• Will improve and reduce the risk of developing many diseases and disorders such as diabetes, heart disease and cancer.
  • Produces a net alkaline load on the kidneys, which helps to reduce the loss of calcium and preserve bone tissue, which may reduce the risk of osteoporosis.
  • Provides six weeks of sample menus.
  • Does not require counting or measuring.

Cons

  • Highly restrictive and will require a great deal of commitment from the dieter. Eliminates many favorite foods such as pasta, bread, potatoes and desserts.
  • May be socially disruptive. Difficult to eat out or at social occasions.
  • May be an initial withdrawal period when dieters commence the diet due to eliminating coffee, sugar, alcohol and refined carbohydrates.
  • Diet is based on speculation to some degree, as it is impossible to be certain what exactly our Paleolithic ancestors ate.
  • Recommends diet soda, which is contradictory to the philosophy of the diet.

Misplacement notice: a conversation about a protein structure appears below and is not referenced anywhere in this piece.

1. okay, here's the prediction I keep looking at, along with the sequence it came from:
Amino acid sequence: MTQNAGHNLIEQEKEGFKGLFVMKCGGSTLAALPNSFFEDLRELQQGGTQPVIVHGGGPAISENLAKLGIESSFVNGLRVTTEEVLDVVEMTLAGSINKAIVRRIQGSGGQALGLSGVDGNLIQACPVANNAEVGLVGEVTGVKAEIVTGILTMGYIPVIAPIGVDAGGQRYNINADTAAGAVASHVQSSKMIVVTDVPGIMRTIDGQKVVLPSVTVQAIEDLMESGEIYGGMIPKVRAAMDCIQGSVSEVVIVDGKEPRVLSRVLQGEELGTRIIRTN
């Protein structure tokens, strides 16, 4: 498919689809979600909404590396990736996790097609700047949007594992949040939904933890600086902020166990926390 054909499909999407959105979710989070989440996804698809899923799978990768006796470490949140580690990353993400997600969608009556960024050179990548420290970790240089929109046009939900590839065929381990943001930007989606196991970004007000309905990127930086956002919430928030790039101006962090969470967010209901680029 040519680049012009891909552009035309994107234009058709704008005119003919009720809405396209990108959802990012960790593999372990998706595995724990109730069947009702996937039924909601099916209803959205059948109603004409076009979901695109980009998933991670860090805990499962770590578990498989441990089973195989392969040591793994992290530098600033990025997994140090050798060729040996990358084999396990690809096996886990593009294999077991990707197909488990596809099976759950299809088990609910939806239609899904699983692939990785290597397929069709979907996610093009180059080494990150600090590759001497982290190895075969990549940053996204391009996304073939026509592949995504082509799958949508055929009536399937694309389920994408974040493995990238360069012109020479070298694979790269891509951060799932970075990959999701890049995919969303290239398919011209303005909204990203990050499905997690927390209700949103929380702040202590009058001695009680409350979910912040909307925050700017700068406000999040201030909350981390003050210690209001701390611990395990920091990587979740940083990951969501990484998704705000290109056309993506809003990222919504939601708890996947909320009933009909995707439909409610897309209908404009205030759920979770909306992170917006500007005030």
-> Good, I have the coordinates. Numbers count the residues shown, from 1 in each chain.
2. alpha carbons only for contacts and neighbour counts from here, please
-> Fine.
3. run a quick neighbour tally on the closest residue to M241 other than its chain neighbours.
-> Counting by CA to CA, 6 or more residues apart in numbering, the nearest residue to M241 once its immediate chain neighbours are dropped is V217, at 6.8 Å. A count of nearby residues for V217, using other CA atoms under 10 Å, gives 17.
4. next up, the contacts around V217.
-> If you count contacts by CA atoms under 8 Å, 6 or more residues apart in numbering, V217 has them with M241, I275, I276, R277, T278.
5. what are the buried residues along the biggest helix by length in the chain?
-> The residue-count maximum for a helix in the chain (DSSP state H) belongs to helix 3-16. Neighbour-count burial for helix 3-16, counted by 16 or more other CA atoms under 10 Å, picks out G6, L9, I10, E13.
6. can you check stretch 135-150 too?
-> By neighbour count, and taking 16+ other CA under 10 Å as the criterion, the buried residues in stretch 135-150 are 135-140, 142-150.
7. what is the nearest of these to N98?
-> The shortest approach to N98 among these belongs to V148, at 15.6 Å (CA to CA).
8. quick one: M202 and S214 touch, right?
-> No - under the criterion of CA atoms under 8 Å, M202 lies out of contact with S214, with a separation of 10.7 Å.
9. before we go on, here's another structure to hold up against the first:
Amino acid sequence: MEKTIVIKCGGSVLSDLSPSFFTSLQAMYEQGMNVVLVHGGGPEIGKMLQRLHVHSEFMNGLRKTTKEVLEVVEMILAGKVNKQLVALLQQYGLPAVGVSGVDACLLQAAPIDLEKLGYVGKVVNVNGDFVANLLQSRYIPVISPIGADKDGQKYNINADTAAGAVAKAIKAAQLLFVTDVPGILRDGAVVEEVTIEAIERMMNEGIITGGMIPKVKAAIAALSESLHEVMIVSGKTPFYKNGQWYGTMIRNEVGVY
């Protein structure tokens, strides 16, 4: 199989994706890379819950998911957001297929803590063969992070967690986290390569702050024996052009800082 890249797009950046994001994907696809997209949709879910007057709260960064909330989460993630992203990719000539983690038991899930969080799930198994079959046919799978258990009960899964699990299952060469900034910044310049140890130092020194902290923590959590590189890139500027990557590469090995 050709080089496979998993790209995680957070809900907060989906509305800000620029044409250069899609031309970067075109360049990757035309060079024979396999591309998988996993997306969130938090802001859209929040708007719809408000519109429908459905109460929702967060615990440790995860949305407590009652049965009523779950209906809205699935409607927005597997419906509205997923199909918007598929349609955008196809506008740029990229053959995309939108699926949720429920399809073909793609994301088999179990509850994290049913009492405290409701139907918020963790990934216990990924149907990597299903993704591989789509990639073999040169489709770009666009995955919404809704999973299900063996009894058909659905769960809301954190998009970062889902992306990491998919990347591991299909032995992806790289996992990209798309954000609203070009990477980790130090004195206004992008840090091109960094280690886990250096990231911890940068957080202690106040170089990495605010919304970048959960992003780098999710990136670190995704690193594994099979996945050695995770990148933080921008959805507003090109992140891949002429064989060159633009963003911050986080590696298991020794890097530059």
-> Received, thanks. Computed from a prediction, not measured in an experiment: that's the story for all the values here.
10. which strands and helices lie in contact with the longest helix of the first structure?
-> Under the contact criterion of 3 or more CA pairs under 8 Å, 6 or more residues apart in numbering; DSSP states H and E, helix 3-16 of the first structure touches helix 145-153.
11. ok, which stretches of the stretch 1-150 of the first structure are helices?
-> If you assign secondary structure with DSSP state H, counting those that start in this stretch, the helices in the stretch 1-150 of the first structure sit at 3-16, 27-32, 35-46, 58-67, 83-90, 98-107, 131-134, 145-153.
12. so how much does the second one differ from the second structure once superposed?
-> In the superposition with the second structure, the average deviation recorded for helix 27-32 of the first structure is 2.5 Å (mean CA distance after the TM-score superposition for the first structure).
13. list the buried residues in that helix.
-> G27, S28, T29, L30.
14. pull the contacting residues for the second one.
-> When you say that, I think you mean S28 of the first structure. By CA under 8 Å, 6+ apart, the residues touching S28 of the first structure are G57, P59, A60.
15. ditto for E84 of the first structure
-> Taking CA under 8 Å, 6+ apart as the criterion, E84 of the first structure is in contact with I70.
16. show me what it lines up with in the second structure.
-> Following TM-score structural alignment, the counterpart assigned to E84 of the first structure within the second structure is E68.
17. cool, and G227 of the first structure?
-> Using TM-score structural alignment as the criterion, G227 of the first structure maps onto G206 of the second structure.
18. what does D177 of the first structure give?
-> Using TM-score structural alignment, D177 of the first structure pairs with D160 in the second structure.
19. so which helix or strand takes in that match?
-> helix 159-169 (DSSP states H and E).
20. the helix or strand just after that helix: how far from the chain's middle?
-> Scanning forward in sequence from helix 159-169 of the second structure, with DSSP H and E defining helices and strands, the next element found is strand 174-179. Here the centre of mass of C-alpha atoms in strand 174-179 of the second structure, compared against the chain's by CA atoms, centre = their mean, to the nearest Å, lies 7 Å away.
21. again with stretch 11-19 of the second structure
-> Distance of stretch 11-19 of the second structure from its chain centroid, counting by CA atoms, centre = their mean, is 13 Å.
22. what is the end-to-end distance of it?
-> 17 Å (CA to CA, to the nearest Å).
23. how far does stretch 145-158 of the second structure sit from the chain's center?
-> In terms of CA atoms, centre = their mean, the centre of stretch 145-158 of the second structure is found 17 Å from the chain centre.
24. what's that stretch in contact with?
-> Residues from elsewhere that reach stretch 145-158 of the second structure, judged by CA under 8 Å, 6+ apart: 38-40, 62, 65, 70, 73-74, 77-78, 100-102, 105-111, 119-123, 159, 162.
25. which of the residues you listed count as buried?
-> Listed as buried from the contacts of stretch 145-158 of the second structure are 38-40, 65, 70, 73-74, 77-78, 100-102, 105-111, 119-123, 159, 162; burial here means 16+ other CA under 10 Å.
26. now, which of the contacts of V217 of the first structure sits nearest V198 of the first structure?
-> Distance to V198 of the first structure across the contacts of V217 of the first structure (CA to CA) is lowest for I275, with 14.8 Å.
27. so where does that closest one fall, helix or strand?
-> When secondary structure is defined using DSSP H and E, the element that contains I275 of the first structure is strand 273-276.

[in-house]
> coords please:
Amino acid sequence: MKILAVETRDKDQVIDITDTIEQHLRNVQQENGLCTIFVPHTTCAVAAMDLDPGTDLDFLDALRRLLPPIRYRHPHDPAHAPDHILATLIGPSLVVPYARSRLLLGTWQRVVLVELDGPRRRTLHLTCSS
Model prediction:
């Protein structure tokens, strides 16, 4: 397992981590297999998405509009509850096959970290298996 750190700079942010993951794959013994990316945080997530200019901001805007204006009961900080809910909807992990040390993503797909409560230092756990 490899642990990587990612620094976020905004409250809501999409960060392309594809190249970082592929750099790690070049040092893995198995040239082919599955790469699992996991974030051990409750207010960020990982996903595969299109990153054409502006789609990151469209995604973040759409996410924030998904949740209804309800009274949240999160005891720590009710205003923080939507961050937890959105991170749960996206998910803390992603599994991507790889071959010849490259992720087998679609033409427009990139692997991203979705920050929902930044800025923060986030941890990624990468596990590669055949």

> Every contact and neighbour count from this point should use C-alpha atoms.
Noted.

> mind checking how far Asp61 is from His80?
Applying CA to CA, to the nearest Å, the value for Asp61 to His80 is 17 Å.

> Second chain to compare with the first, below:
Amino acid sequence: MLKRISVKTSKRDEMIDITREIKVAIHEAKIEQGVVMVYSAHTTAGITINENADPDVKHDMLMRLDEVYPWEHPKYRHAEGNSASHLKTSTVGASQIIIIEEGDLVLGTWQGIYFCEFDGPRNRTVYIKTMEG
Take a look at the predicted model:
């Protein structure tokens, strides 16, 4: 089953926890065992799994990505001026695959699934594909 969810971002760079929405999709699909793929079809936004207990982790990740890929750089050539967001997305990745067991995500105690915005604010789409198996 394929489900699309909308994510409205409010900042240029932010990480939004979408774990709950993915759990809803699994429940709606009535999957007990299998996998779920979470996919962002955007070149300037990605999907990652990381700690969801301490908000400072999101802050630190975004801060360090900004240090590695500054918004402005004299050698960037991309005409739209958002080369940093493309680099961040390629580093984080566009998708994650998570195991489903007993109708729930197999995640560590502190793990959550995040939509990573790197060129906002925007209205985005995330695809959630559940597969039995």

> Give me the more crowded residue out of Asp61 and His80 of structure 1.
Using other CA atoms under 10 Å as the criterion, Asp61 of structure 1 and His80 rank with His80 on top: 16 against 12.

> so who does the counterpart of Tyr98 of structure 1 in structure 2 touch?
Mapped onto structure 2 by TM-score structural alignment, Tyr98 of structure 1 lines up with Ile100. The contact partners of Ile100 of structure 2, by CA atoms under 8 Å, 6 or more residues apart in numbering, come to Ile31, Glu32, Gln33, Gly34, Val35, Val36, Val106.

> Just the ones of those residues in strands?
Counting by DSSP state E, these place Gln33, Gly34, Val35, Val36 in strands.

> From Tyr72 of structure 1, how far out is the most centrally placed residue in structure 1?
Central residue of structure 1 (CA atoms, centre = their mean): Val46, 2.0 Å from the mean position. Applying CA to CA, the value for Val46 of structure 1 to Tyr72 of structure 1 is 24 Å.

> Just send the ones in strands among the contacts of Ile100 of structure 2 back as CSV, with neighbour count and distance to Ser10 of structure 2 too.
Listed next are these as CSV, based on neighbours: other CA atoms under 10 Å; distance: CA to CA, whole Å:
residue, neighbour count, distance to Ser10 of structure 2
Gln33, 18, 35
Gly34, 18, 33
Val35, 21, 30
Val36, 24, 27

• Will require careful planning to ensure that calcium is adequately supplied due to the absence of dairy products.
  • Not suitable for vegans or vegetarians.

Alternate Paleolithic Diet: Primal Blueprint

An alternate to Lee Cordain’s diet is The Primal Blueprint written by Mark Sisson. It is also based on the concept of eating foods that were available to our Paleolithic ancestors because this is the diet that our genes are designed for, but it also involves addressing other lifestyle factors that have an important influence on our health and our ability to maintain an optimal physique.

There are ten major paleolithic principles of The Primal Blueprint

paleolithic diet

  1. Eat lots of animals, insects and plants.
  2. Move around a lot at a slow pace
  3. Lift heavy things
  4. Run really fast every once in a while
  5. Get lot’s of sleep
  6. Play
  7. Get some sunlight every day
  8. Avoid trauma
  9. Avoid poisonous things
  10. Use your mind